Francis Bread seeks new retail bakery space

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The owners of Salt Spring Island’s Francis Bread are looking for a new home for their bakery after deciding not to continue with a rezoning process for their location on Churchill Road. 

Meghan Carr and Peter Hunt began operating their bakery as a home-based business at 125 Churchill Rd. four years ago, on the family’s property in an area which felt very commercial with two of Salt Spring’s largest hotels and the marina nearby. As their bakery grew in popularity, Carr said they realized they were outgrowing their home-based business situation and began working with local government on a way forward. 

They had hoped to rezone their property from residential to commercial, making the bakery as well as two accommodation units on the property legal. With overwhelming community support at a Jan. 19, 2021 Local Trust Committee meeting, trustees allowed the bakery to keep operating without facing bylaw enforcement until their rezoning application was resolved. 

“We’re hearing loud and clear about the value of this business and a community amenity in your midst,” said LTC chair Peter Luckham, who added that he’d never seen as many letters of support for any application previously with close to 500 messages received. 

While the focus for Carr and Hunt has always been on the bread and wanting to provide a staple product to the community, their energy has for the past few years been spent on attempting to get the rezoning through the island’s unique governance system. Working with three governing bodies — the Islands Trust, North Salt Spring Waterworks District and the Capital Regional District — was a challenge Carr said. 

The bar is set quite high, she explained, with various requirements that are challenging to meet without access to unlimited finances.

“So we just had to make a decision as a small business to move on or keep going,” she said. “And it felt too financially and emotionally exhausting to be able to keep doing that.” 

Carr said she hopes to see a solution around the North Salt Spring Waterworks moratorium, as this is the main reason they abandoned their plans to continue the bakery on the current property. The property was serviced by the waterworks district, however, using that water for commercial uses was not allowed so the owners transitioned to bulk water supply for the bakery. But the bulk water solution is at variance with the Islands Trust Policy Statement concerning water as well as portions of the Salt Spring Island Official Community Plan.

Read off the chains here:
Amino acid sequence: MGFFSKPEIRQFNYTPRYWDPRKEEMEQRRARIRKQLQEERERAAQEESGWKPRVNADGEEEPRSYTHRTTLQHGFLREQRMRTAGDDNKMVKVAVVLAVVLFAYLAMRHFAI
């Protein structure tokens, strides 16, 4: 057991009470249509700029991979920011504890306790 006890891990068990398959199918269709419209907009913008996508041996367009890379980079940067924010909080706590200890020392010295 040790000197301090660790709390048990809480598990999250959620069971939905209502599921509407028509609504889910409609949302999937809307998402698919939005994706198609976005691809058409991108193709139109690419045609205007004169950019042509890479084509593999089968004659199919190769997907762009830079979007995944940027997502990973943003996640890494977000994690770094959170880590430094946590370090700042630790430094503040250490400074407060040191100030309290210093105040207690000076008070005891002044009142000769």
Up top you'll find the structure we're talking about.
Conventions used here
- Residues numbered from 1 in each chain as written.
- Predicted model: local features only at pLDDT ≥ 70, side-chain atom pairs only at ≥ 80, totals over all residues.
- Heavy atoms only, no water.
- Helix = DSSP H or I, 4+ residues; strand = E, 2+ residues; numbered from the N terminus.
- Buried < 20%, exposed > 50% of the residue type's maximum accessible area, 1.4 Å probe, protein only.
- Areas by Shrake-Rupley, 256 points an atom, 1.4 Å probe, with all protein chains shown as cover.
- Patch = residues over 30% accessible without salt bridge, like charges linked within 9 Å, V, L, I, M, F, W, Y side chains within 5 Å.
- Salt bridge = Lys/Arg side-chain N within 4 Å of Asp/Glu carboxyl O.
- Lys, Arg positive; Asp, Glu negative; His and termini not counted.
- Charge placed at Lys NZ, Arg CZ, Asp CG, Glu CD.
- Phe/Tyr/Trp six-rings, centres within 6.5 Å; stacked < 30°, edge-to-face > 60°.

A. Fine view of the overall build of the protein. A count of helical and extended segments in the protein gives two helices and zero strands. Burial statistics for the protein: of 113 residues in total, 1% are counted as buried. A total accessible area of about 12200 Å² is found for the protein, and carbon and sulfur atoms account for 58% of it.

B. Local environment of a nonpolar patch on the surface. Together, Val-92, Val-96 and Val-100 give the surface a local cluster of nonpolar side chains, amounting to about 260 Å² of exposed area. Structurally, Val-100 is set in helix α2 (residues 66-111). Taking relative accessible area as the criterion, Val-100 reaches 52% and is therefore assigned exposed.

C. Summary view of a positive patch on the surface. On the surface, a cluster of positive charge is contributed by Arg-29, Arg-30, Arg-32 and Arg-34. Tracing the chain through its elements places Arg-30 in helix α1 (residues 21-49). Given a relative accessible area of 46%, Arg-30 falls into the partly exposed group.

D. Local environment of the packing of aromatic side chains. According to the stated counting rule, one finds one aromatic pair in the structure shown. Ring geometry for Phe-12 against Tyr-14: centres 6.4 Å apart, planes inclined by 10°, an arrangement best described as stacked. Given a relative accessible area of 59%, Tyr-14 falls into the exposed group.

A staff report presented at a Jan. 18 LTC meeting noted that no precedent exists for a rezoning on the basis of bulk water, either within the Islands Trust or provincially, “likely due to the difficulty of ensuring provision of potable water from an approved source in perpetuity for increased intensity of use.” As a result, staff did not recommend proceeding with the application “on the basis of bulk water supply for the commercial uses on the lot.” 

“Unless we make really significant investments, without the guarantee of our zoning even going through, we’re stuck. We can’t go forward,” Carr said. 

In the LTC’s discussion of the rezoning Trustee Laura Patrick noted that while water is a critical consideration for the Islands Trust, “it is not the only value that we can be making our decisions on in a community.” 

The water issue on Salt Spring is one which ties into the broader issues of housing and business operations on the island, issues which Carr and Hunt never wanted to be involved in. 

“I didn’t realize how the community is fractured in some ways. I think we really wanted to be this community space,” Carr said.

When their business was growing in popularity and began being talked about in the media and at the Islands Trust, they began getting some negative feedback. 

“We never wanted to be controversial, we just wanted to make bread. But it felt like people were taking that out of our hands and making it about ‘How should the island be? Who should get to be here?’” she explained. 

“I don’t want to be known for zoning issues, I just want to be known for making delicious bread,” Carr said, who added that running the business is a lot of work even without the rezoning process. “I’m sure if anybody tried to learn how to make sourdough during the pandemic, they know how much work it is.” 

While Carr said disappointment and heartbreak is how it feels currently, she added that they are moving on with a positive attitude to find a space that works for them before the summer. That may prove challenging, as the bakery needs a kitchen and also a place to house the specialized baking equipment and wood-fired oven they use. 

At last Tuesday’s LTC meeting, trustees put the rezoning application into abeyance for six months, allowing Francis Bread time to find a new location. Carr said they appreciate the time they’ve been given to come up with a plan. They’re not leaving the island, she said, and want to continue to be a part of what makes Salt Spring the community and culture it is.

“I see Francis Bread as being part of that culture,” trustee Peter Grove noted in his support of the abeyance. 

Locals can purchase their products at the Salt Spring Mercantile, at The Woodshed, and by ordering at francisbread.com and picking up at the bakery.

“Basically we’ve turned the bakery into a farmstand kind of set up,” Carr said, in order to minimize traffic and business and to keep having a minimal impact.

Owners of the bed and breakfast units on the property, Nicholas Hunt and Celia Duthie, plan to continue to operate, and will be connecting with the waterworks district about their business, which was opened 15 years ago and before the water moratorium came into effect in 2014.

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